Gary Sinise’s stage, film and television career has spanned more than four decades. In 1974, at 18 years old, he co-founded Chicago’s Steppenwolf Theatre Company. 20 years later, for his performance as Lt Dan Taylor in Forrest Gump, he received nominations for Golden Globe, Screen Actors Guild and Academy Awards, and earned the Best Supporting Actor Award from the National Board of Review and the Commander's Award from the Disabled American Veterans. Other film credits include Apollo 13, Ransom, Snake Eyes, Impostor, The Green Mile, Mission to Mars and The Human Stain.
His most recent film and television work include, I Still Believe, Good Joe Bell and the Netflix series 13 Reasons Why. Gary has starred as Jack Garrett on the series Criminal Minds: Beyond Borders, and for nine seasons as Detective “Mac” Taylor on the hit series CSI: NY, both of which aired on CBS. Sinise is an Emmy, Golden Globe, and two-time SAG Award winner for his roles in Truman and George Wallace. He also received a SAG Award nomination for his role in The Stand.
For over 40 years, Gary has stood as an advocate on behalf of America’s service members. It began in the early ‘80s, supporting local Vietnam veterans groups in the Chicago area, and into the ‘90s, when his portrayal of Lt. Dan formed an enduring connection with service members throughout the military community, and as he worked on behalf of the Disabled American Veterans organization, which he continues to actively support today. Following the attacks of September 11, 2001, Sinise’s dedication to our nation’s active duty defenders, veterans, first responders and their families has become a tireless crusade of support, service and gratitude for all those who protect our freedom and serve our country.
In 2003, after several USO handshake tours, he formed the “Lt. Dan Band” and began entertaining troops serving at home and abroad. Over the years, the 13-piece cover band has performed hundreds of shows for charities and fundraisers supporting wounded heroes, Gold Star families, veterans and troops around the world.
Sinise served as the national spokesperson for the American Veterans Disabled for Life Memorial and raised funds for the Pentagon 9/11 Memorial in Washington, D.C. and the Brooklyn Wall of Remembrance in NYC. He serves on the President’s Advisory Group for the Congressional Medal of Honor Foundation, the Community Council for Hope for the Warriors and as an honorary board member of Tragedy Assistance Program for Survivors (TAPS).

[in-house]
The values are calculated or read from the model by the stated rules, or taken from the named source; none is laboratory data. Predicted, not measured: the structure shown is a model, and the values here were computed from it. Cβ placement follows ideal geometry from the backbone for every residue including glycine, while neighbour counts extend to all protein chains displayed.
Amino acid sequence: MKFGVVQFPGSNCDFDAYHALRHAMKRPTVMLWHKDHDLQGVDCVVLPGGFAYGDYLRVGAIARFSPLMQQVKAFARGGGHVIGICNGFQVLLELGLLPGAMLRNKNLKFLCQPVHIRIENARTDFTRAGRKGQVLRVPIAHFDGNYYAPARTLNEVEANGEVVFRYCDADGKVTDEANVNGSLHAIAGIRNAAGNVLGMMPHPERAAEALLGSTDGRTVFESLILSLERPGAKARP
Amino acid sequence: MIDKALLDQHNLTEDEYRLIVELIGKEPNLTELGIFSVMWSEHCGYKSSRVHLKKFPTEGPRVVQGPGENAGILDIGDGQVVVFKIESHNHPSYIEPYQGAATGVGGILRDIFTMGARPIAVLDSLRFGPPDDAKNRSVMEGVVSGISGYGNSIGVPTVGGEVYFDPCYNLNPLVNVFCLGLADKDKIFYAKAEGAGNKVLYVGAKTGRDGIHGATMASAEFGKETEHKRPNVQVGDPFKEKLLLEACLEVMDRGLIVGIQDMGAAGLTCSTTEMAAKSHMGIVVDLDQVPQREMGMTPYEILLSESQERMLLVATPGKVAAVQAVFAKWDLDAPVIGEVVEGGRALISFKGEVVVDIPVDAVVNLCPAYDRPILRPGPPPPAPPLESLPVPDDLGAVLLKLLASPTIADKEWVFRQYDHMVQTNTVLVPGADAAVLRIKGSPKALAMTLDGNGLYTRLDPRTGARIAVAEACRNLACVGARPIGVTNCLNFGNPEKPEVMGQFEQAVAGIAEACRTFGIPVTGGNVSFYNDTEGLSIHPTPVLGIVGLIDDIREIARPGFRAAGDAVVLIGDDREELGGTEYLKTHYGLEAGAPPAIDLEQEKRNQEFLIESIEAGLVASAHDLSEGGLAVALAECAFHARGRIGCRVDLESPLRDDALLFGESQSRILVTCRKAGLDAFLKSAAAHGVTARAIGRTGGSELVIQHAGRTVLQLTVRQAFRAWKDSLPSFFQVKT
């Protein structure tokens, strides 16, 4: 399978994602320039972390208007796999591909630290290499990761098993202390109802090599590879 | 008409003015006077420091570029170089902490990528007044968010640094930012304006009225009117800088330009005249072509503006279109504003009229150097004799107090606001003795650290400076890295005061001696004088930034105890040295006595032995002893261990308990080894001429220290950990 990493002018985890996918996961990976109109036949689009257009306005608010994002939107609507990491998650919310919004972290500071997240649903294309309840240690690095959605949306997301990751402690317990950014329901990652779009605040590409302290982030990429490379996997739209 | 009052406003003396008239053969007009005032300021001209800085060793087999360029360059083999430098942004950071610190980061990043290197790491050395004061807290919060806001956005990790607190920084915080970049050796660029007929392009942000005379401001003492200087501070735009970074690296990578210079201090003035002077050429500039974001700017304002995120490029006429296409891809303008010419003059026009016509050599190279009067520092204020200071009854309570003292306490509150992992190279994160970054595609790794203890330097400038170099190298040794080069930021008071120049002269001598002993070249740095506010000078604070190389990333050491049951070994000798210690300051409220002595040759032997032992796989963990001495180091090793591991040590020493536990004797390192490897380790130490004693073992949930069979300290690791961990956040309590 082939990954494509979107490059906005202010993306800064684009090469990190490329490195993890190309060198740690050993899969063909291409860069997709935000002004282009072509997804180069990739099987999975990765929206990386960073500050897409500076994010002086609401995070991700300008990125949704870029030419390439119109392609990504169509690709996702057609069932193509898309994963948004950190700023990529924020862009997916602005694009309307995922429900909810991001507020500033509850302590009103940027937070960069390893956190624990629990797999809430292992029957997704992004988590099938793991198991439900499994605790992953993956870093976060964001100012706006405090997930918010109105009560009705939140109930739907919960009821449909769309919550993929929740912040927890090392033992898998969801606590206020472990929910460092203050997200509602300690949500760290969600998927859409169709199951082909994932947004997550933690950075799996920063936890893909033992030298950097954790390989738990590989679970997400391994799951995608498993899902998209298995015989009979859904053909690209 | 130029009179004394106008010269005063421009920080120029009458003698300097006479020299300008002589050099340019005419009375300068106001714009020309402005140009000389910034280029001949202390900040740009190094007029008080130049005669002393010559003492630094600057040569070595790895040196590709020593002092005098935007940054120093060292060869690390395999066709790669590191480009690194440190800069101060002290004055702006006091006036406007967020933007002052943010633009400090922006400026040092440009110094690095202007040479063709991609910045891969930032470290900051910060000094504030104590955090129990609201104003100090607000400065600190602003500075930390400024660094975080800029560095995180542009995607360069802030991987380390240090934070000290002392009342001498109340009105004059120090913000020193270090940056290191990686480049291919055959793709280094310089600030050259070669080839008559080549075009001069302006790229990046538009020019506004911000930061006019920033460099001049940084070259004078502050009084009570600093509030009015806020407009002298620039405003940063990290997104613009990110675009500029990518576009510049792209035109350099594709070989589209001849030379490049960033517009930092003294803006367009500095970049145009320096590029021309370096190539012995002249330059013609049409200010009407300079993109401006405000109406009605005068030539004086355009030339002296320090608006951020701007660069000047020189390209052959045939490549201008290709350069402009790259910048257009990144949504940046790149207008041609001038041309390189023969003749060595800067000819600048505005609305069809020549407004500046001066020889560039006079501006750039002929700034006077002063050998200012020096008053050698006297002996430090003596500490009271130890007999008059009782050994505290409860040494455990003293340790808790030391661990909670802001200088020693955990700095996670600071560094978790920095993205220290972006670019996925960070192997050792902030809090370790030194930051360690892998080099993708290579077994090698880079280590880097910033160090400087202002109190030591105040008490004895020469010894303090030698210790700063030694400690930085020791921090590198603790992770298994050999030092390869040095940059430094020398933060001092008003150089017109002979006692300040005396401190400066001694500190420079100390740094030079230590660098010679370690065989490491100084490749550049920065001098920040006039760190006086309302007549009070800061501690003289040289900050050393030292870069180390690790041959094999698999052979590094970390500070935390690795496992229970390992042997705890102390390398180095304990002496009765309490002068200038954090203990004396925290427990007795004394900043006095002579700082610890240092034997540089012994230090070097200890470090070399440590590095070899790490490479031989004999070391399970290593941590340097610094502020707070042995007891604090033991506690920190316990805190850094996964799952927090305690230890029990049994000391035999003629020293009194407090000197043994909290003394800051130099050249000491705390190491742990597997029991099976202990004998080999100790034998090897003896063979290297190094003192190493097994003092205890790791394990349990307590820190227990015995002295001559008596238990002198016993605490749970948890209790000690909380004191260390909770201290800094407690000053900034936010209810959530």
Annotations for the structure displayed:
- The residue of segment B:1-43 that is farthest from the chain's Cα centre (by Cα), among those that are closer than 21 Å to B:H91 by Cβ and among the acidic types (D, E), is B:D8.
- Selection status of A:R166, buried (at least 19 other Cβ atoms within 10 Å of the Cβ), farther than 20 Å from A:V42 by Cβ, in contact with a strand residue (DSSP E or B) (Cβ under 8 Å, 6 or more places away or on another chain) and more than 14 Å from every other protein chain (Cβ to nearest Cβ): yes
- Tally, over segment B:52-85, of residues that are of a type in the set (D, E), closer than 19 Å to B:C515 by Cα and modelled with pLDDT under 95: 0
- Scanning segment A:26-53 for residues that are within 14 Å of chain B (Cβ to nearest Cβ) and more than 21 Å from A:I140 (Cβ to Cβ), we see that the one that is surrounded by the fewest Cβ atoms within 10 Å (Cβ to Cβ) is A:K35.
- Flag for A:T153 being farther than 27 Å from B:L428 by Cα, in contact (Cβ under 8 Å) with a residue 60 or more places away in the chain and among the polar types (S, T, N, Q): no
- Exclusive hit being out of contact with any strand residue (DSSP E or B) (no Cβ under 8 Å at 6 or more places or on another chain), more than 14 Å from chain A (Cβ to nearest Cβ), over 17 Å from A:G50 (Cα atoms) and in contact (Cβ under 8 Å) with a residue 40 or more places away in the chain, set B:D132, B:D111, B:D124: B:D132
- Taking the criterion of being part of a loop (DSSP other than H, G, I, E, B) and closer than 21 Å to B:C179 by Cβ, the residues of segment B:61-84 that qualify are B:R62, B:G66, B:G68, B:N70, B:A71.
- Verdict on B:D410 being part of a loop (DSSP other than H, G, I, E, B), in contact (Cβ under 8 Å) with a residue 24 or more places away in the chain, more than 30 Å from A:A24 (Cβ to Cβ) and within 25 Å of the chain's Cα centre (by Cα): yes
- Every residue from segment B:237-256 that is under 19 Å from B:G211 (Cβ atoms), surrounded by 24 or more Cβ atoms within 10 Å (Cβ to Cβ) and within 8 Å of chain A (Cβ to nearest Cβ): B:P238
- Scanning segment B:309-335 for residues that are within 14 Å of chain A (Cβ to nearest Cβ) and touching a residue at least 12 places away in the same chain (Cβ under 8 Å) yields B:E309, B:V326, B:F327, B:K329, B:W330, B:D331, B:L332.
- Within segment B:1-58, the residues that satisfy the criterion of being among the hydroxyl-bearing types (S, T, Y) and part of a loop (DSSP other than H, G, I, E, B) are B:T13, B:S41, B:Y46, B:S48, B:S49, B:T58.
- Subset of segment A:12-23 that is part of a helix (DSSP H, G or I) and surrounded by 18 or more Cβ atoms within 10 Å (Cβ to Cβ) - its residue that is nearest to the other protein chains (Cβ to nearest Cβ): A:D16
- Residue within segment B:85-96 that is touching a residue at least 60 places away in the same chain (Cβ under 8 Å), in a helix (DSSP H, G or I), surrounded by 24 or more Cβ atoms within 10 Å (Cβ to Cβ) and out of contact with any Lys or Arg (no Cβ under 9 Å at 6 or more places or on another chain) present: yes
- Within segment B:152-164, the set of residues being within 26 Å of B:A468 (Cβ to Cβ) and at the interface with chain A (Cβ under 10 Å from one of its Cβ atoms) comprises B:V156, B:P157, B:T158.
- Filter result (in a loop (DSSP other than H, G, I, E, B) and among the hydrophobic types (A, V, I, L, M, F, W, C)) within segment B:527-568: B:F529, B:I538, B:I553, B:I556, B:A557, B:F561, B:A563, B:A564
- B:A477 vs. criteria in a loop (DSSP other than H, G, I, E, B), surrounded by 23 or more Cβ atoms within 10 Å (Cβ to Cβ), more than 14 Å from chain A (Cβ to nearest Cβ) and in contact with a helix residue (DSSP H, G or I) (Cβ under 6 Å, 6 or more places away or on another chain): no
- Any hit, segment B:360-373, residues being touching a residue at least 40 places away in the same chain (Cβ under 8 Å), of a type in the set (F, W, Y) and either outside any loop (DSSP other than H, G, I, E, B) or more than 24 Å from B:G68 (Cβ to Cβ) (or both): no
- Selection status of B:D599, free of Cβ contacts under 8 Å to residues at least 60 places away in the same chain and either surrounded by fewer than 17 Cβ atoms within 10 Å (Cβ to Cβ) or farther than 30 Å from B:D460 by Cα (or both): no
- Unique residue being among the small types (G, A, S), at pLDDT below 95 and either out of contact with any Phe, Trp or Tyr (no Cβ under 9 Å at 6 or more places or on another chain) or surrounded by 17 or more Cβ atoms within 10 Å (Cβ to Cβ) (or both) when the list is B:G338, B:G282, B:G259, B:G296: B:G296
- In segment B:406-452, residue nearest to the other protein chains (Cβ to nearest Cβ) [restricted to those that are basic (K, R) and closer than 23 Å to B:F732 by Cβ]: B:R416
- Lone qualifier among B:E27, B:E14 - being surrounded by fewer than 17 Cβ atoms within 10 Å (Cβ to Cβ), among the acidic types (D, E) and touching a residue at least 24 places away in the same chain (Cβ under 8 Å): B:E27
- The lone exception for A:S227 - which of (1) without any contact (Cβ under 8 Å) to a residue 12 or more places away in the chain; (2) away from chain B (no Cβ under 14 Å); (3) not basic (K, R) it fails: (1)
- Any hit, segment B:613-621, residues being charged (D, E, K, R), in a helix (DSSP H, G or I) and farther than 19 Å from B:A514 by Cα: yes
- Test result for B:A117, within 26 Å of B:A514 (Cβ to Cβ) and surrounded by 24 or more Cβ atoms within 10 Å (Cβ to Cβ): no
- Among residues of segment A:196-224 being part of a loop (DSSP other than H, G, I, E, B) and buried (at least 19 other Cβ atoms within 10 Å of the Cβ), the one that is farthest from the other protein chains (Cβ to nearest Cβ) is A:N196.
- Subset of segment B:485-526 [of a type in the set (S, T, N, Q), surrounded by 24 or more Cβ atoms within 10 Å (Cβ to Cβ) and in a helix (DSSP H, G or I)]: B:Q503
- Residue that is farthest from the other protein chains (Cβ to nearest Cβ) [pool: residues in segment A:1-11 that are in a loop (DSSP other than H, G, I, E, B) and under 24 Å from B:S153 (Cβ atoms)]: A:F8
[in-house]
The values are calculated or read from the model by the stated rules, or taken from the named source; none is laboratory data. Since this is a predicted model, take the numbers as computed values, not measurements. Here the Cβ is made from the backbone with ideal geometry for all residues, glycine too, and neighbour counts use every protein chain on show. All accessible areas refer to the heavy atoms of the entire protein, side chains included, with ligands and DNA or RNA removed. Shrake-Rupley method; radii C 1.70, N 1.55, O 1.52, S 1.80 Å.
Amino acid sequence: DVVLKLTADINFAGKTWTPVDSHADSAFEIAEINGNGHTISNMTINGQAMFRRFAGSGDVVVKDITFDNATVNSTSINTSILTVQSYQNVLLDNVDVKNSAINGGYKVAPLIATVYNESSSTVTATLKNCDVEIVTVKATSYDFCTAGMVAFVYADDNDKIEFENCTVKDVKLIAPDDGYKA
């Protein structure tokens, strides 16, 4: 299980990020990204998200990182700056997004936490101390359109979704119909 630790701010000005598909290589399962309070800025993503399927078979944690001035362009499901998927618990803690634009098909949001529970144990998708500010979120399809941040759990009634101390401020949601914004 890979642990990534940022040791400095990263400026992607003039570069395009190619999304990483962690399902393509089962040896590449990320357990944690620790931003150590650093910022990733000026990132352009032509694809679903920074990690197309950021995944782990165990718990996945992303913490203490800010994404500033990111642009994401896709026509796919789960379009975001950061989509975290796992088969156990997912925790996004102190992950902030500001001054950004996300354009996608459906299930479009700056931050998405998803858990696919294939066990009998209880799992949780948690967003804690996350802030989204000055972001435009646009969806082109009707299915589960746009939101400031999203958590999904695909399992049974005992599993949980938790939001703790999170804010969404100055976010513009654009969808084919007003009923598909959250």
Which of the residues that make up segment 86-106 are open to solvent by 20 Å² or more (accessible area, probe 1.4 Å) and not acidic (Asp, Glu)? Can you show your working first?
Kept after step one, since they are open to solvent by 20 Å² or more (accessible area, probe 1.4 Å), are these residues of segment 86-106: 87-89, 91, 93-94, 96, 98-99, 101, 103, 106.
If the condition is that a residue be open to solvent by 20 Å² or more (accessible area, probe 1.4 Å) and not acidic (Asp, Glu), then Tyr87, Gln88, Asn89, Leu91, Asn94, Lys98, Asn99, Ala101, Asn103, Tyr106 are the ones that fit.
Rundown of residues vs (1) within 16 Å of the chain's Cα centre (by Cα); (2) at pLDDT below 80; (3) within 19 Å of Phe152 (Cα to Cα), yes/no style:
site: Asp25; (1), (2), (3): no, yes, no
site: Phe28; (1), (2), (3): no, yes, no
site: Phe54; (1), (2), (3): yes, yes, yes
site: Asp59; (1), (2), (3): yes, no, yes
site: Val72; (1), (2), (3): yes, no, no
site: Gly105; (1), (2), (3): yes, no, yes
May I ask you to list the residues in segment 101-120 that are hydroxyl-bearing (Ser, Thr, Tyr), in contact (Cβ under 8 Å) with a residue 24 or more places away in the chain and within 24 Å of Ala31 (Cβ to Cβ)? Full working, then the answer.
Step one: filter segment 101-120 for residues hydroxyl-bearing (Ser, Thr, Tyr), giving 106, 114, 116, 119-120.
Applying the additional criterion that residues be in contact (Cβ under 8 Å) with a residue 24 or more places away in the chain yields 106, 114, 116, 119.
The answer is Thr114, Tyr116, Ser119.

In 2011, to expand upon his individual efforts, he established the Gary Sinise Foundation with the mission to serve and honor America’s defenders, veterans, first responders, Gold Star families and those in need. The foundation remains committed to finding new and exciting ways to give back to those who sacrifice for our nation and encouraging others to do the same has become his personal quest and what he hopes will endure as a legacy of service to others.
In 2019, his autobiography, Grateful American: A Journey from Self to Service, was released and immediately became a New York Times Bestseller. It is the inspiring, entertaining, and profound story of how a young “rough around the edges” kid from Chicago eventually, through his very personal and unique journey, found his calling: to ensure that our nation’s defenders, who serve this country and its freedoms, are never forgotten.
In recognition of his humanitarian work, Sinise has earned many distinguished honors including two awards from the Congressional Medal of Honor Society, the Bob Hope Award for Excellence in Entertainment, and their highest honor, the Congressional Medal of Honor Society’s Patriot Award.
Other awards include the Spirit of the USO Award, the Ellis Island Medal of Honor, the Spirit of Hope Award by the Department of Defense, the Sylvanus Thayer Award from the West Point Association of Graduates and the George Catlett Marshall Medal from the Association of the United States Army (AUSA).
In 2008, he was given the Presidential Citizens Medal, the second-highest civilian honor awarded to citizens for exemplary deeds performed in service of the nation. He is only the third actor ever to receive this honor. He was also named an honorary Chief Petty Officer by the United States Navy, an Honorary Marine by the United States Marine Corp, and an Honorary Battalion Chief of the Fire Department of New York. On April 17, 2017, he received a star on Hollywood Walk of Fame from the Hollywood Chamber of Commerce.